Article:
June 10, 2015
I hope you’re living your life with no regrets—or, if not with no regrets, then with damn few of them. Stuff happens to everyone: rotten stuff, stinky stuff, uncomfortable stuff, and embarrassing, oh-my-goodness-I-hope-no-one-ever-finds-out-about-this kind of stuff. Sometimes the stuff that happens to us is tragic, as in the loss of loved ones; sometimes it’s just a hassle, or it hits us hard in the wallet. Sometimes the stuff that happens to us rocks us to our very foundations, and we need to take stock, and then start all over again, rebuilding from the ground up.
All of that stuff can be dealt with over time. But living with regret is a very hard way to live, because that sense of failure, of having missed the mark, of “if only”, well, that sense never goes away completely.
And yet, as we all have stuff, so, too, I suspect we all have some regrets. I guess it’s a luxury of getting older that I can often now recognize those moments when I need to do or say something, knowing that if I don’t I will live to regret it. Or maybe it’s something I’ve learned after racking up so many of those moments, where I’ve failed to think or do or say, and have been left with a pile of messy regret in my hands. I guess like most negative things, you get to the point eventually where you say enough is enough and do all you can to avoid it happening ever again.
Life is an untidy business but I have long believed, and have often shared in these essays, that the purpose of life is not to show you a good time. It’s not all sunshine, lollipops and glittering rainbows. The purpose of life is to provide a forum wherein you grow, as person. Here is where you enter in as a babe-in-arms, and God willing, exit as a wiser older person who’s lived and loved and laughed and cried—in other words, grown to your full potential.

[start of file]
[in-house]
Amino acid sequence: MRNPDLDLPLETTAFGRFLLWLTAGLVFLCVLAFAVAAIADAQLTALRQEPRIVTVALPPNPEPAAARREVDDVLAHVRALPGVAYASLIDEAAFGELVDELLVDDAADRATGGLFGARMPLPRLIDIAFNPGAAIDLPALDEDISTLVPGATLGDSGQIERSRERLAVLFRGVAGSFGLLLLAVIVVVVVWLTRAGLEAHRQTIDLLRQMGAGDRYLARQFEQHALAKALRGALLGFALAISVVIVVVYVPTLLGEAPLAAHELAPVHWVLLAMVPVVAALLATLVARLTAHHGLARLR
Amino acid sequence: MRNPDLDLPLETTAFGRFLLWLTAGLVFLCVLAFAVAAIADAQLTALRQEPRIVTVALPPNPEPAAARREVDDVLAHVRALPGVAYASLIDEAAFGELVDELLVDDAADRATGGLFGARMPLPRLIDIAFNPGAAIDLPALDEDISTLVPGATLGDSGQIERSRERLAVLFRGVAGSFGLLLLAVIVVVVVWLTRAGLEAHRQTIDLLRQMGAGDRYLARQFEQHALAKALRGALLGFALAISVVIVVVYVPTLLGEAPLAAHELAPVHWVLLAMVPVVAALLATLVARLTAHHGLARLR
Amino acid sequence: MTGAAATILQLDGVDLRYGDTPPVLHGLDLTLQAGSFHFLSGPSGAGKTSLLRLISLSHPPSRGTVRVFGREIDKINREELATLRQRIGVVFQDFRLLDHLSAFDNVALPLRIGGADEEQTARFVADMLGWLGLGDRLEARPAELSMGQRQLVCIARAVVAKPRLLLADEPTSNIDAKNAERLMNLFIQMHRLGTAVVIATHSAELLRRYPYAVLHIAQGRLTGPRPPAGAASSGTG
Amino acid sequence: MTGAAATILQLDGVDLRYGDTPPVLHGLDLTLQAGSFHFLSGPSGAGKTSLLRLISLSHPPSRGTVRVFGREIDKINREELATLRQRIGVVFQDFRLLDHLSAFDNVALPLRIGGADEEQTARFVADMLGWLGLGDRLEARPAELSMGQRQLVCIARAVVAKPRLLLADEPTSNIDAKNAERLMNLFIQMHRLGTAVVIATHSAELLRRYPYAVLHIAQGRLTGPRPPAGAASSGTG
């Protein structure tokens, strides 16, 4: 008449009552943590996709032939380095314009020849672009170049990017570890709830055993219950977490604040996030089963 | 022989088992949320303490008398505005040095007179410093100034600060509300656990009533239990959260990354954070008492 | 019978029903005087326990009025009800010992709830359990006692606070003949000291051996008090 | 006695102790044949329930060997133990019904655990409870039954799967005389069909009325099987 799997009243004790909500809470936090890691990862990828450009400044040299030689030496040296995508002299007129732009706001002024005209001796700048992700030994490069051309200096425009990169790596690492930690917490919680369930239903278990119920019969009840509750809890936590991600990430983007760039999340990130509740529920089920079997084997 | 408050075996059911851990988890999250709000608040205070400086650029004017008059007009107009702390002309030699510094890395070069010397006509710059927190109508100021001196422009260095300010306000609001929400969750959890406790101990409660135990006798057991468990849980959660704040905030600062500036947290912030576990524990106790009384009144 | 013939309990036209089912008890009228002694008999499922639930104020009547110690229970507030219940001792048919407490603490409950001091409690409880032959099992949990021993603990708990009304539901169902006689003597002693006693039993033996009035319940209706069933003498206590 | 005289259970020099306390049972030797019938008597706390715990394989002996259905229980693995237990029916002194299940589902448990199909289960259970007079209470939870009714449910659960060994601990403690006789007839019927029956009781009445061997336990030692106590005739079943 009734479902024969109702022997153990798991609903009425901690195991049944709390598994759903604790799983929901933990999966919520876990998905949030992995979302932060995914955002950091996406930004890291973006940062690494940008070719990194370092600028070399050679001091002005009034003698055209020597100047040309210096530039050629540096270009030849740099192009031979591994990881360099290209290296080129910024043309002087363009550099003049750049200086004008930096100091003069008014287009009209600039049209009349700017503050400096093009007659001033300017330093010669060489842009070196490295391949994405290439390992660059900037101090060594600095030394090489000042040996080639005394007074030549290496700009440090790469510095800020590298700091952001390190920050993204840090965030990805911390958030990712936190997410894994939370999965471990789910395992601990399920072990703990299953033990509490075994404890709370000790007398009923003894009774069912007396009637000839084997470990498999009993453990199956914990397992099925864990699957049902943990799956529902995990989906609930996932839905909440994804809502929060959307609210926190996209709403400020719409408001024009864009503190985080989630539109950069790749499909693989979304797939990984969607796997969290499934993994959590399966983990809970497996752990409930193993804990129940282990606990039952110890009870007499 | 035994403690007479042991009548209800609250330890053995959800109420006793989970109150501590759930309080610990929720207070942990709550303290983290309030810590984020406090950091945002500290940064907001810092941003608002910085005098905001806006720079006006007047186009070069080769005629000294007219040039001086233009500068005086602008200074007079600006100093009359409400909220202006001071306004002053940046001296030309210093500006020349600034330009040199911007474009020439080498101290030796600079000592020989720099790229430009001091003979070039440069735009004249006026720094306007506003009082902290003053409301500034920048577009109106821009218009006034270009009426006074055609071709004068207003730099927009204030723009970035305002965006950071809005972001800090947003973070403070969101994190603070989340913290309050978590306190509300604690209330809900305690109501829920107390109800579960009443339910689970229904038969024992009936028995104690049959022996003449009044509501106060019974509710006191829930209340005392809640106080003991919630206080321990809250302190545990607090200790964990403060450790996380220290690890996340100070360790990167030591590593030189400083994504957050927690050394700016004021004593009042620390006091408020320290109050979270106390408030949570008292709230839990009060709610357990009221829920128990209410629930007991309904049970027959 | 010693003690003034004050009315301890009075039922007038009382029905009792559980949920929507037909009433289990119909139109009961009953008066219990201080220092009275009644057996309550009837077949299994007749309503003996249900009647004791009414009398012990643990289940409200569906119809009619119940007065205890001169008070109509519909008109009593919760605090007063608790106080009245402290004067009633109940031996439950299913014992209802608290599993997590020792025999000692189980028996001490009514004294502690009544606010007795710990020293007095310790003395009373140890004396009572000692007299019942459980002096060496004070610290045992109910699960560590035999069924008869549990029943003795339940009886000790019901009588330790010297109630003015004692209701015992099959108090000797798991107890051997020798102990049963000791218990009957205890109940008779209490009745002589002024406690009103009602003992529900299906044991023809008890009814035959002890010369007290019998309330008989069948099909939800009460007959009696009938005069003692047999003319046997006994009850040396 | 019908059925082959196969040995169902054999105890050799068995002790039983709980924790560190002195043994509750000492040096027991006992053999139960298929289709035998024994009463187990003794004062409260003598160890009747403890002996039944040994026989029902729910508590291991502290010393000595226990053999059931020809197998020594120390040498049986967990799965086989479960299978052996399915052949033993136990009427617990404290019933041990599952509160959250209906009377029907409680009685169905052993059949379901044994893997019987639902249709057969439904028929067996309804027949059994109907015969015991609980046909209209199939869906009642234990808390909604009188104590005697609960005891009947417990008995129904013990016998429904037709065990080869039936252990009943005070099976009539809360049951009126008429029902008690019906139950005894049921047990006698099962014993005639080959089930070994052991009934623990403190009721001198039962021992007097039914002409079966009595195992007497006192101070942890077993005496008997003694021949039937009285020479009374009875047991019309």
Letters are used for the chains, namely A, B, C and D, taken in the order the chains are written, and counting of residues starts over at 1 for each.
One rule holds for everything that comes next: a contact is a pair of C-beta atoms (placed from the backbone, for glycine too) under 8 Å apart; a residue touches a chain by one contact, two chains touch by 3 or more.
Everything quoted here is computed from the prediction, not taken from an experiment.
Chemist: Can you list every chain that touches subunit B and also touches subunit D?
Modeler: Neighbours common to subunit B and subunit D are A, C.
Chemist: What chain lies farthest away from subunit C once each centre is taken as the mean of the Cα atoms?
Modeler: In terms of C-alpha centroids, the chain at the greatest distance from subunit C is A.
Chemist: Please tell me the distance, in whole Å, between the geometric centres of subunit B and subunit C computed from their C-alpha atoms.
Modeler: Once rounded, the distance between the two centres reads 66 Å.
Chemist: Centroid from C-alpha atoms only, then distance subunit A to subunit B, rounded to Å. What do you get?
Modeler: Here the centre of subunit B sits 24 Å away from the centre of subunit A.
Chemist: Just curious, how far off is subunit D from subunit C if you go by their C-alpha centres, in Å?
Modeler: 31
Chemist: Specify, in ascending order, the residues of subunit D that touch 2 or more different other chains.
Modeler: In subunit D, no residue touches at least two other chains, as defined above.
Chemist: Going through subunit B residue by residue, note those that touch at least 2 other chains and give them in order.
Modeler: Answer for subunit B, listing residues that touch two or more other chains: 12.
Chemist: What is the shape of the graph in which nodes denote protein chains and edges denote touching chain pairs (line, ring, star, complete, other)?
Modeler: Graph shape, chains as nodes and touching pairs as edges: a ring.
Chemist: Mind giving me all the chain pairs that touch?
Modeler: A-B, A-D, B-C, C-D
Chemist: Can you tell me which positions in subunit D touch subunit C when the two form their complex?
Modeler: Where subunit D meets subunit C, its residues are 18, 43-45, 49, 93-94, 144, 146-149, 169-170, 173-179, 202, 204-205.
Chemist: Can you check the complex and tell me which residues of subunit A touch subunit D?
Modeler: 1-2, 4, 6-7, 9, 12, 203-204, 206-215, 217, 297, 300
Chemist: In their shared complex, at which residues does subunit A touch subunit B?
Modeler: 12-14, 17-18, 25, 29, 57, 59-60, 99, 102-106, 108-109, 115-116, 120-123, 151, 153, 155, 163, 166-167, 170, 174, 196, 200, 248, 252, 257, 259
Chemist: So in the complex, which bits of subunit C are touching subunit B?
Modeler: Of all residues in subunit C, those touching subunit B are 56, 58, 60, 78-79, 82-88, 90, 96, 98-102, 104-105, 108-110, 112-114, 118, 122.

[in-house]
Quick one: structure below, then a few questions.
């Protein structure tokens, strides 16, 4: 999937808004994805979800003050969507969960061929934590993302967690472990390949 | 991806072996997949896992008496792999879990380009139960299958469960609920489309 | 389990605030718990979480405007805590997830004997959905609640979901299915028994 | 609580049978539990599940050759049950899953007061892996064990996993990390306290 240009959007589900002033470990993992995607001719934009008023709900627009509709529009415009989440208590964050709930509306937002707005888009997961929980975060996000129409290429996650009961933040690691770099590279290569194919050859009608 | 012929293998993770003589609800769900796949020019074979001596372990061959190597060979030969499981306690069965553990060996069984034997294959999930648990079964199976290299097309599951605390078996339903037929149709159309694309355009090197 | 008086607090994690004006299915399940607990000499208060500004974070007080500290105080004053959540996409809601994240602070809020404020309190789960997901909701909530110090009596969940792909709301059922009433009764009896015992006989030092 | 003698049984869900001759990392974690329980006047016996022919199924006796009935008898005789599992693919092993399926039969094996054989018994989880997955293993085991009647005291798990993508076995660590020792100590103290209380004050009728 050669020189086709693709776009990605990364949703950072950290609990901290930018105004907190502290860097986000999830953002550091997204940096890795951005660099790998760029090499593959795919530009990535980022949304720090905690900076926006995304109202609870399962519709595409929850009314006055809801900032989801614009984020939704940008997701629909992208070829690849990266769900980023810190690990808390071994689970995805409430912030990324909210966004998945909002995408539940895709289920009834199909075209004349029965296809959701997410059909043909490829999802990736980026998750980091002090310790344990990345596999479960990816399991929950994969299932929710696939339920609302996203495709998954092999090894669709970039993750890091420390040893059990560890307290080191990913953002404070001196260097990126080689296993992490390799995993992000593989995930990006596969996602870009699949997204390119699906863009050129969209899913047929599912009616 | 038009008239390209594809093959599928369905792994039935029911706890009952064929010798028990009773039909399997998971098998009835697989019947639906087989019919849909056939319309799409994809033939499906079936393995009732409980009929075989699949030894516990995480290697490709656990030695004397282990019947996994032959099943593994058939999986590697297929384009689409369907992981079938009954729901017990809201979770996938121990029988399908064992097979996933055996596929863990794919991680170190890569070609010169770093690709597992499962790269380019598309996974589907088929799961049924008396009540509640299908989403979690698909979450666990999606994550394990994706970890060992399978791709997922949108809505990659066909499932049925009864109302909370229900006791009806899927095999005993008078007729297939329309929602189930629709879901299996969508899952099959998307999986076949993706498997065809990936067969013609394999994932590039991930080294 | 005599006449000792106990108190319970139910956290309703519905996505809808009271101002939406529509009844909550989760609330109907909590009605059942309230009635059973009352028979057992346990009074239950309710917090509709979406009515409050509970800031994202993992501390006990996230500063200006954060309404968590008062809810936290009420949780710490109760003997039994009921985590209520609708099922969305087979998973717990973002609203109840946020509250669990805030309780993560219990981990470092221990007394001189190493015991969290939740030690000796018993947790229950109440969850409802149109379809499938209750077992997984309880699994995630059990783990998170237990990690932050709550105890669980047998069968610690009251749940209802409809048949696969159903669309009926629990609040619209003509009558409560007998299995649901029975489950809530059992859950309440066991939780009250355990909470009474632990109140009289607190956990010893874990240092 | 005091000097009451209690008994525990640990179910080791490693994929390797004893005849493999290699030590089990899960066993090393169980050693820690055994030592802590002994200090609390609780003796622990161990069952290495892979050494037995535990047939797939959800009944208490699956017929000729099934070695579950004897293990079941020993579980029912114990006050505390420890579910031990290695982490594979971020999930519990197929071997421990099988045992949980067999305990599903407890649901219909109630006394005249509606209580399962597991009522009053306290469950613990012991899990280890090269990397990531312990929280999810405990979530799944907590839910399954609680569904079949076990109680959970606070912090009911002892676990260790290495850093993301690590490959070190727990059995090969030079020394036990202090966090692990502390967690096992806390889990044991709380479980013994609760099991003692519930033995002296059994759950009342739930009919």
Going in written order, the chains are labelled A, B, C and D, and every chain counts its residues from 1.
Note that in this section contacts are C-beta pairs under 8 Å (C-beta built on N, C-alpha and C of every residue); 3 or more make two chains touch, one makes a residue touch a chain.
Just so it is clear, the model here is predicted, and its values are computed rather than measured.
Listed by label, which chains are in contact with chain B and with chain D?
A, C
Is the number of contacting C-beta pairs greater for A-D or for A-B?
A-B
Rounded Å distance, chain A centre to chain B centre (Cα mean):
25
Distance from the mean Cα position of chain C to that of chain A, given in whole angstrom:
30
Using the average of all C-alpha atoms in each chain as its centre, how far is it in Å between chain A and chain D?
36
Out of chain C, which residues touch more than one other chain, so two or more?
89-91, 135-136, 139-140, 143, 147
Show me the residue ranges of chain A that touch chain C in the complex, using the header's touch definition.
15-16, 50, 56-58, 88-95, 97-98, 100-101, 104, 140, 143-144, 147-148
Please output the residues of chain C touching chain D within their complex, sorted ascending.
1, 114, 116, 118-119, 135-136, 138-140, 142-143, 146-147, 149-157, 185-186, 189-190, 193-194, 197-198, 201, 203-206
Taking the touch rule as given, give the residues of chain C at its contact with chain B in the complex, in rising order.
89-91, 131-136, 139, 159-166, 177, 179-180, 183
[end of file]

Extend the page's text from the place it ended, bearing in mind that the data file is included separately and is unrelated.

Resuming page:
We don’t any of us know how long we have on this earth. My personal belief is that this life is not all, and it’s certainly not the end. It’s the proving ground. Sometimes, if we’re lucky, we figure out why we’re here. Then, armed with this knowledge, we can use our time wisely (for the most part), not passing up opportunities to live to our purpose and to our potential.
I believe in having a dream, and a goal. They are not the same thing at all, though many confuse them as being such. A dream is a pretty picture cut out of a magazine and taped up where you will see it every day. You look on it, and, when you’re feeling down, that picture helps to lift you up, remind you that all in life is not the stinky stuff, and hopefully, refuels your tank so you can get back to the battle.
A goal is a marker you intend to reach on your way to that dream. It likely will take a lot of goal-achieving, in order to come close to making your dream come true.
I have close friends who have recently made the dream they had since the beginning of their marriage come true. It was a near twenty year process (a real dream is never an overnight achievement), but they made it happen. They set goals, and achieved them, one by one by next. They didn’t let anything distract them from their dream, or stop them from reaching the goal they’d set for that next step on their way.
Often, achieving a dream demands that you sacrifice, to do so. For example, if your dream is to retire with a good income that will provide for the rest of your days, so that your golden years are financial stress free, well that means that there will be vacations you don’t take, fancy things you don’t buy, and indulgences you pass up. No, you don’t have to live like a monk. Instead of dinner and a movie as a night out on the town, maybe it’s popcorn made at home and a movie on your PVR. Instead of a week at a resort by the lake, maybe it’s a couple of day trips to local attractions or pools or beaches.
If asked, I would say my advice is simple: define who you are; find a dream; set a goal. Work to achieve that goal. Have some fun on the way but don’t take your eye off where you’re ultimately going. Don’t take your eye off your dream, or your purpose, or who you’ve defined yourself to be.
As I wrote that last line, an old saw came to mind. You may have heard it, but it bears sharing. It goes, “as you travel on through life, whatever be your goal, keep your eye upon the donut and not upon the hole.”
Do that, and at the end of the day, you’ll have few regrets.